The Mom and Pop camps of the past are being swallowed up by big corporations. Several RVers complained about this and noted how this trend has them looking for new places to stay.
A couple talked about an RV park in Pennsylvania that they have enjoyed for the past few years. “It cost us about $100 a night,” Christine said. “That’s expensive, but it was right on the water and we didn’t mind.”
But within the last year, the small private camp was acquired by a large corporation.
“They added the word ‘resort’ to the name and raised the rate to $300 a night.” said her husband, Todd. “Same amenities, basically tripled the price. Shame. We will never go back.”
RV Concerns #5: National Park entrance hassles and boondocking pressures
We’ve heard a lot about this. Since COVID and the explosion of new RVers, crowds at national parks have increased to the point that the National Park Service has instigated scheduled entry permits at the most popular spots.
“Forget about making a camping reservation in a major national park,” said Jimmy, who, with his wife, Carrie, and their two children, had a list of national parks where they hoped to camp in their Cogar fifth wheel. “You can’t make a reservation unless you book the year before. It can be. And now it’s almost impossible to even enter the park because all the permits were given so long ago.”
Other RVers, who hoped to do more boondocking next year to cut costs, noted that they often have to look much harder for an unoccupied spot in state and national forests that allows for dispersed camping. “Even places like Harvest Hosts are filling up these days,” said Cora, an RVer from New Jersey.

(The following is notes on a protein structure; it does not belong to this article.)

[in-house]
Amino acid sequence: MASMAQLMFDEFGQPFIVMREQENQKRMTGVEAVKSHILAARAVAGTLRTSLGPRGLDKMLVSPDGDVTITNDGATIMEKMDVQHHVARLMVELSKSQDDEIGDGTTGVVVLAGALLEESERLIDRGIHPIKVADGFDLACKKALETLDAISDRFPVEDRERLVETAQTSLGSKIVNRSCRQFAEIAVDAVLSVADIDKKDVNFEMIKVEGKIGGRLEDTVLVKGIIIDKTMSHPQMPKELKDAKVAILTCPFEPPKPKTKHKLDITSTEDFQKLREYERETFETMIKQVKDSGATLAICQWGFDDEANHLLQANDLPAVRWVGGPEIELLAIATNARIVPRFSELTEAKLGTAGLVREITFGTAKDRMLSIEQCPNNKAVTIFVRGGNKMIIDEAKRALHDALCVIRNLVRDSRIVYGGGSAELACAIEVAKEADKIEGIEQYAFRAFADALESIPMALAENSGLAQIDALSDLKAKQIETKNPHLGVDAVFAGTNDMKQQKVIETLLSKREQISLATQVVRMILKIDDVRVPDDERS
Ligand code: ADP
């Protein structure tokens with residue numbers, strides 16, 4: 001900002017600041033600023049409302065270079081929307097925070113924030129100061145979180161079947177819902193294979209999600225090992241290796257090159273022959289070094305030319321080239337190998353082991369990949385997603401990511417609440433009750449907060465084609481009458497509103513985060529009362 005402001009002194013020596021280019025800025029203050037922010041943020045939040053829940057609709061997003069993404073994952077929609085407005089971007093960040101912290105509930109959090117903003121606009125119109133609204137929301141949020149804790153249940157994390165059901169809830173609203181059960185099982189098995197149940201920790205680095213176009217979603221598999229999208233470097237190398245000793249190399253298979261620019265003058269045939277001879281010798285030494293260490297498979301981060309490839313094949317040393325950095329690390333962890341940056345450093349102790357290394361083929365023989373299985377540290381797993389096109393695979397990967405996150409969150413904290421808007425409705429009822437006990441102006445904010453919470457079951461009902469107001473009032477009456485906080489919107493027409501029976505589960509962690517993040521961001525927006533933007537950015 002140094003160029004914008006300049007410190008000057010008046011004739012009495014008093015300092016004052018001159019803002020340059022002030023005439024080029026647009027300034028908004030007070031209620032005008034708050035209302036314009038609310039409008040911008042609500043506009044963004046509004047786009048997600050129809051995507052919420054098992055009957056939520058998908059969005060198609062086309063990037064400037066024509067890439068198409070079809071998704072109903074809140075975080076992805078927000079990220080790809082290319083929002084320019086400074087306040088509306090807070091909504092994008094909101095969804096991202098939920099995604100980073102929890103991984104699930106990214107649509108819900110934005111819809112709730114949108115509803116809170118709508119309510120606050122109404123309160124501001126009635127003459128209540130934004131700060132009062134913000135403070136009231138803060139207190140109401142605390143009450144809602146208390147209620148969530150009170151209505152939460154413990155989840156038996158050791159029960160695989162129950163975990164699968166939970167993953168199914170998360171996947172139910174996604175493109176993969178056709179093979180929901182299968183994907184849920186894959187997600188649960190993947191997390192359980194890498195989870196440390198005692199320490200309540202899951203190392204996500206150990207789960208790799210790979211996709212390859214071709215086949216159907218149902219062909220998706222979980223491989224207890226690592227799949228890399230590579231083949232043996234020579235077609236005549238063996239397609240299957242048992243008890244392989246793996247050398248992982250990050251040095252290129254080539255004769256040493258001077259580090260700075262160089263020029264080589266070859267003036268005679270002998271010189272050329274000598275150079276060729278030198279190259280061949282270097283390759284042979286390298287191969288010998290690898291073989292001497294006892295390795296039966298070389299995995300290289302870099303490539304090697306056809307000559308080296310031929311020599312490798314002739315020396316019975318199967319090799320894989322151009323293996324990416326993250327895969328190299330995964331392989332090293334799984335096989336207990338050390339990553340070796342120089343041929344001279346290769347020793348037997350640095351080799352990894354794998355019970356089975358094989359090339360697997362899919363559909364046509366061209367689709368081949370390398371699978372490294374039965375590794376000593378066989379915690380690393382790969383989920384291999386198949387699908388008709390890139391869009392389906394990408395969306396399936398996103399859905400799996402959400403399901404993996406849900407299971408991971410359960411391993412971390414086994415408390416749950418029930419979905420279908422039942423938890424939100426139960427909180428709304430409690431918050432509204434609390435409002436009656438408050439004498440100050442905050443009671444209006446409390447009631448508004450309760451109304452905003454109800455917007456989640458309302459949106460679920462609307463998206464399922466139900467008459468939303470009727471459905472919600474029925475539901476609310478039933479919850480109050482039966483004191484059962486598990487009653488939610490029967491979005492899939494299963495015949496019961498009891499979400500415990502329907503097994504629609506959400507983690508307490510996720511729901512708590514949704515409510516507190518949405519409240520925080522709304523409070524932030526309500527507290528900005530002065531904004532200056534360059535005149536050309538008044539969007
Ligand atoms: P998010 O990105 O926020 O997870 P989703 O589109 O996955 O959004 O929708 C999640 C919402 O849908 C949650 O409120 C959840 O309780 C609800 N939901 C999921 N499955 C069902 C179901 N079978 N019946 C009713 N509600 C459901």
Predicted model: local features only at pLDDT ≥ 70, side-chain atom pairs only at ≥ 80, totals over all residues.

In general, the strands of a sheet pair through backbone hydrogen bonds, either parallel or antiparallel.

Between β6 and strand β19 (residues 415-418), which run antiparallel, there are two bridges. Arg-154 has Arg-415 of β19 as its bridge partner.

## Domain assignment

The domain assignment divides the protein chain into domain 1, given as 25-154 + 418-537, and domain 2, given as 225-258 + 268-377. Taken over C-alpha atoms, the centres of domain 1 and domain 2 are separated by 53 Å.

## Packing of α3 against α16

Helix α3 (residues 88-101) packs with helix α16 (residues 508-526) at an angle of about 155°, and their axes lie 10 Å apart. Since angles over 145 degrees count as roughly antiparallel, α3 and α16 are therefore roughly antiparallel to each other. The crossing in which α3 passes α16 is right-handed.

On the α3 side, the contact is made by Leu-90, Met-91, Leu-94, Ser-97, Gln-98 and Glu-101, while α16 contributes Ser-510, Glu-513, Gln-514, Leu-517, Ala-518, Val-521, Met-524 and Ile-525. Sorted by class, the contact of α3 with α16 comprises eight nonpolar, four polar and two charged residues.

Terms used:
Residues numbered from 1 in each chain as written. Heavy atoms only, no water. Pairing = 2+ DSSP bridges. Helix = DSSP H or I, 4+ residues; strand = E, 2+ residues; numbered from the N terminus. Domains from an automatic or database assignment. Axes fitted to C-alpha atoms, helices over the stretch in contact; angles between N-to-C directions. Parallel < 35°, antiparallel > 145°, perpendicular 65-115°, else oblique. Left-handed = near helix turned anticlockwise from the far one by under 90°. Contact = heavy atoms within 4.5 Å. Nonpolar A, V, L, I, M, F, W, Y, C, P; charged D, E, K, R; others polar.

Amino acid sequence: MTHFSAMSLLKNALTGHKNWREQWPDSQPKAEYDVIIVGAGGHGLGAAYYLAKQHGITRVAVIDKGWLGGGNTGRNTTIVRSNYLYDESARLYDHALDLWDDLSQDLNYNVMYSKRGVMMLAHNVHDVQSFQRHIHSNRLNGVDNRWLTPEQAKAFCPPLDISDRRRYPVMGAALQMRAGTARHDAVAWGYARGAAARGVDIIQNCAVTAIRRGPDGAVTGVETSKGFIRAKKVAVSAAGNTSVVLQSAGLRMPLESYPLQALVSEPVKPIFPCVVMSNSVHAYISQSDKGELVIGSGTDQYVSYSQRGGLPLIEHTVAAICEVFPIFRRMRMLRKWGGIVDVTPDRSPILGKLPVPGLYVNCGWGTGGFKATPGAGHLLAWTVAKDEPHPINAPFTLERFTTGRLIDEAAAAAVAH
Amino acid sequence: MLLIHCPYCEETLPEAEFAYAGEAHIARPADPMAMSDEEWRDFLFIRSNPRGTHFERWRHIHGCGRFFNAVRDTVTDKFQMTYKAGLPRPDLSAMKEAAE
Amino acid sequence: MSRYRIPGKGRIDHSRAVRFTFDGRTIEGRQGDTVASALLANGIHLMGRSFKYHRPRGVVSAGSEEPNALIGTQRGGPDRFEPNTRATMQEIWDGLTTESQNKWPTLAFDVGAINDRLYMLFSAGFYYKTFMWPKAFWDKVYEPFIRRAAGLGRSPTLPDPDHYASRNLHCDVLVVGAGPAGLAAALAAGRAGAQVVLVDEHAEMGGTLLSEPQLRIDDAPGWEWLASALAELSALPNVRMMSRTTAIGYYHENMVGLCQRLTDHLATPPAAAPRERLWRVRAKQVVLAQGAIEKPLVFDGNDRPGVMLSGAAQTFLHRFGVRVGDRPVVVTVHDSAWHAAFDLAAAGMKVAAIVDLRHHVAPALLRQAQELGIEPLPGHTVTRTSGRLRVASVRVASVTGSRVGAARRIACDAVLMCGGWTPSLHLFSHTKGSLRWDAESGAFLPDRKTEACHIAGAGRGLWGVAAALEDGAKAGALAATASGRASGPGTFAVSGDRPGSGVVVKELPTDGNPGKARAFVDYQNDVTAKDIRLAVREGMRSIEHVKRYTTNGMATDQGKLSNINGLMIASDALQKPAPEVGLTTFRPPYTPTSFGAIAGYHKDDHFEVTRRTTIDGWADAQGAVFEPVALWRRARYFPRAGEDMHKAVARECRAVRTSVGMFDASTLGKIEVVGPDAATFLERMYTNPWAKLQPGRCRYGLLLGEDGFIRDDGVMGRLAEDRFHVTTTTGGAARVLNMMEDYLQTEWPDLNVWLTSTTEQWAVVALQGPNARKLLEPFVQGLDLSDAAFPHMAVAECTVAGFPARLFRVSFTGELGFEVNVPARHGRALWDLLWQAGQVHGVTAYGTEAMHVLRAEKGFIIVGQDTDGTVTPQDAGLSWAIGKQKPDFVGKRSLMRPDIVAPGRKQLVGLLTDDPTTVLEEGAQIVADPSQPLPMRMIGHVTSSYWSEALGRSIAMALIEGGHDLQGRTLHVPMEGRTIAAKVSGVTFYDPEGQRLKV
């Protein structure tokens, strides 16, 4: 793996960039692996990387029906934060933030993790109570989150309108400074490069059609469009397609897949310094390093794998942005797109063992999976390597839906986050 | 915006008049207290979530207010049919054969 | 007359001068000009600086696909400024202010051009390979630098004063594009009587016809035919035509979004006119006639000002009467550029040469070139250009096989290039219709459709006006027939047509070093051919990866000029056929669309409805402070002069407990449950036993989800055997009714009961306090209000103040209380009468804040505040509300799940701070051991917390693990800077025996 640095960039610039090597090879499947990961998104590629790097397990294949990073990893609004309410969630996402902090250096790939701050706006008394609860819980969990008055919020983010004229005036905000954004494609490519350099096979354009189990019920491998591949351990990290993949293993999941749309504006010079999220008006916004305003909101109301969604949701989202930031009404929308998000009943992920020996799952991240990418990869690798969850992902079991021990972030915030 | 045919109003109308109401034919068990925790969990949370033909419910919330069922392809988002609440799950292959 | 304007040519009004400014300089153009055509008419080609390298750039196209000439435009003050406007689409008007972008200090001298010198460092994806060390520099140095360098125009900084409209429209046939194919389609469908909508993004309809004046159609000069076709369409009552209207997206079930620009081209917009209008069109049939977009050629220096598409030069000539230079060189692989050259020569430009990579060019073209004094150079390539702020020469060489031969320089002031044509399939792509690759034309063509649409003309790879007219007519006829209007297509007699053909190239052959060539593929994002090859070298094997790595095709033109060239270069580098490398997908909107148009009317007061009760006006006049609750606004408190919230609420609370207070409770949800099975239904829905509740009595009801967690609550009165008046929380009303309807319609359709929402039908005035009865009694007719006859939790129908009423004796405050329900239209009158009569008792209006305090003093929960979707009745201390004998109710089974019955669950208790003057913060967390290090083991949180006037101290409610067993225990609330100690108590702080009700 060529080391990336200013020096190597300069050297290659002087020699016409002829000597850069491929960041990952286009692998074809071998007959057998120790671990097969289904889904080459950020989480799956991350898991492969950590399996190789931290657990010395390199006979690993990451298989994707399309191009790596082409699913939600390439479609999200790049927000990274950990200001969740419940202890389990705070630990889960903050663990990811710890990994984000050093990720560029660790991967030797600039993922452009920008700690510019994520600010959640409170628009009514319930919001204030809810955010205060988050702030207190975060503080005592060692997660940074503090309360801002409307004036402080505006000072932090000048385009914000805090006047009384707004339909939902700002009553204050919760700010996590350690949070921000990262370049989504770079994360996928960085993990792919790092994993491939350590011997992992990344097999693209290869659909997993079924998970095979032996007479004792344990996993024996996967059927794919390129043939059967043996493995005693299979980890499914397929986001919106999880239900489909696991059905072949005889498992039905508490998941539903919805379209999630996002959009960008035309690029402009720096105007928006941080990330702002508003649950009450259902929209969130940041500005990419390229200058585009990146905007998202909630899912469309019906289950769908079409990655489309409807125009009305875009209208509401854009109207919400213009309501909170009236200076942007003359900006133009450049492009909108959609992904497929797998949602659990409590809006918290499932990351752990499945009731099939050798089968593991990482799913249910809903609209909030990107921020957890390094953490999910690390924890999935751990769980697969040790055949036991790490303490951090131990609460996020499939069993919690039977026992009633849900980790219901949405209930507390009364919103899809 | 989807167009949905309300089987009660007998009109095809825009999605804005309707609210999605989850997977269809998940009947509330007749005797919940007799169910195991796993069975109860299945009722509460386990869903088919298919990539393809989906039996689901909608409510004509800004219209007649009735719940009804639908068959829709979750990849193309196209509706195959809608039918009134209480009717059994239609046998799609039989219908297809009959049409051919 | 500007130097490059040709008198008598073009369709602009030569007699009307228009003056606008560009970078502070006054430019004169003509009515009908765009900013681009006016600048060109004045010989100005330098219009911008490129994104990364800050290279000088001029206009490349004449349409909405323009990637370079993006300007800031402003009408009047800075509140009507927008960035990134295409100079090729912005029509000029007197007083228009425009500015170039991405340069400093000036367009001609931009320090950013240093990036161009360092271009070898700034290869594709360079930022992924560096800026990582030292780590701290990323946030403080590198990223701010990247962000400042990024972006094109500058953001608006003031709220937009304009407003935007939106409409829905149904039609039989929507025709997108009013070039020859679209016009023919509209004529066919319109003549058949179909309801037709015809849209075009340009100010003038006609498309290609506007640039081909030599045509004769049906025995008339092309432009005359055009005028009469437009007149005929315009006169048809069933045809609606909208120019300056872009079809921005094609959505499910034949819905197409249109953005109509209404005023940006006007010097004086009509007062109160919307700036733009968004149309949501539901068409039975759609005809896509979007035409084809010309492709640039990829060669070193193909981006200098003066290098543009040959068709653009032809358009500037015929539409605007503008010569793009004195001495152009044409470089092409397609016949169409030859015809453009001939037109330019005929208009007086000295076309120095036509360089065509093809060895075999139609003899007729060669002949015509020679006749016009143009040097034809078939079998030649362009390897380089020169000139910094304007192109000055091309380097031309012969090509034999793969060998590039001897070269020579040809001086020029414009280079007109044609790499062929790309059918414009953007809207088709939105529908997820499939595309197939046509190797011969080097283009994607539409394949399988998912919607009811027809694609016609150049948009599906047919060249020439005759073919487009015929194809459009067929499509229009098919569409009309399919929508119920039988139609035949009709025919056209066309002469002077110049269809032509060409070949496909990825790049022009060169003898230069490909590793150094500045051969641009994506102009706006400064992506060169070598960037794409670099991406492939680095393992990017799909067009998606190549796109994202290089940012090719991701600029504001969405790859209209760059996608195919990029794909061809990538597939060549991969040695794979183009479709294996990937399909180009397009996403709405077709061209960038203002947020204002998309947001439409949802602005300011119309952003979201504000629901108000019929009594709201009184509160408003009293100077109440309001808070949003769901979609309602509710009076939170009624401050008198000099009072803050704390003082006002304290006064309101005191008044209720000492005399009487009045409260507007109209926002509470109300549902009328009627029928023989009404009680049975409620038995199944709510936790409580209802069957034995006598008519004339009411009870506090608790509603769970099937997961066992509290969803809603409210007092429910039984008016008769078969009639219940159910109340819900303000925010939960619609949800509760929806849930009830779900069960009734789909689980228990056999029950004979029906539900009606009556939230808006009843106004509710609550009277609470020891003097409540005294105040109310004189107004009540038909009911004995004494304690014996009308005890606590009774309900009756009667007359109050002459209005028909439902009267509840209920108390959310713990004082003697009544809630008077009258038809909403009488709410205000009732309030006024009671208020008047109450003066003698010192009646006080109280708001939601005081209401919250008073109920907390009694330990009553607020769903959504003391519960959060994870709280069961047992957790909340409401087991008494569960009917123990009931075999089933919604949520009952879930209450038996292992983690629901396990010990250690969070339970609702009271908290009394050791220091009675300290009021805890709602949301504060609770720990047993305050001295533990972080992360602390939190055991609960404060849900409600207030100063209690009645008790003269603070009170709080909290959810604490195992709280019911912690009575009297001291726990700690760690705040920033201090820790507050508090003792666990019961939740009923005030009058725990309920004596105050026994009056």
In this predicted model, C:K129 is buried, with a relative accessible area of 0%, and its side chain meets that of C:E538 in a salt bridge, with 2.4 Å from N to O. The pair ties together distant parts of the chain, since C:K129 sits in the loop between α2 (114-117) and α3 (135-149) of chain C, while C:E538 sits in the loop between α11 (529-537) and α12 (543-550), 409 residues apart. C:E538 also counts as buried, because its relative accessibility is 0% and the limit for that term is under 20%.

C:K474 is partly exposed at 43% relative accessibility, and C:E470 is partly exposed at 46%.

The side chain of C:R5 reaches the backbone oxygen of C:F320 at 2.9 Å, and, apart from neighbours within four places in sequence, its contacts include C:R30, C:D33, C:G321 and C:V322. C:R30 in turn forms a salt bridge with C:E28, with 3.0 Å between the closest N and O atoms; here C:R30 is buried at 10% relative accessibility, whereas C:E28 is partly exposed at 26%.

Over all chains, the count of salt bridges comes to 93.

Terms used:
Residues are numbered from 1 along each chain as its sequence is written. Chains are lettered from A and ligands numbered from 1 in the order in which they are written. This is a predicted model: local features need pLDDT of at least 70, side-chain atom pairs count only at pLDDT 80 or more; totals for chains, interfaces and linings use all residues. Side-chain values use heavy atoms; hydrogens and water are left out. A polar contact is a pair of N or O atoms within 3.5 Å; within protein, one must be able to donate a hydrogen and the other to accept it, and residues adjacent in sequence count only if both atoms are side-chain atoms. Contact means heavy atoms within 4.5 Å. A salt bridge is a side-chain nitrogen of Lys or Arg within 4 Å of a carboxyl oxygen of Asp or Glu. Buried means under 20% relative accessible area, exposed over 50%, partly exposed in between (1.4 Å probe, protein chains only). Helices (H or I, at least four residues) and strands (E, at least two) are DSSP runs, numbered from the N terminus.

The good news? The recreational vehicle is still the best way to get away
As we noted, none of the people we spoke to said they planned to quit.
Adapt is the word they use over and over again.
Several cited the cliché “Where there’s a will, there’s a way.”
And there may be some wisdom to be learned from the past.
Mark Koep, who runs the campground reservation site CampgroundView.com, shared that when he and his family decided to go full-time as RVers, it was during the last recession.
“It stabilized,” Mark said. “We have learned to adjust. And I think it will now happen to most Rvers in the same way. The RV remains the ultimate lifestyle for decompressing and creating great family memories. My advice to anyone worried about next year is to make the best of it. VR is already the best. Be smart and enjoy it.”
So where do we go next?
Check out this Southwest Adventure Guide Pack (Arizona, Utah, and Colorado)
When Jennifer and I travel through the Southwest, we are continually amazed by the majesty and beauty that this country has to offer. And it is very difficult to stay in one state! So we’ve created this package for you in case you love to travel like we do.
We’ve put together our Southern Utah Guide, Colorado Guide, and our NEW Arizona Guide in this 3-state bundle at a super low price!
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Mike and Jennifer’s Favorite Florida Spots – All 3 eBooks!
RVers may wander far and wide, but it’s true for most of us that we end up with a few favorite “Go-To’s,” places that draw us back again and again.
Florida is one of those places for us. And we know it is for many RVers who want to get away and explore during the winter.
That’s why we’ve created three guides, covering Florida’s Atlantic Coast, Gulf Coast and Keys.
Each of these guides is a seven-day guided exploration of one of the coasts. And each stop is a curated look at the best things we’ve enjoyed on this trip and want you to experience.
In total, these guides are over 300 pages of content!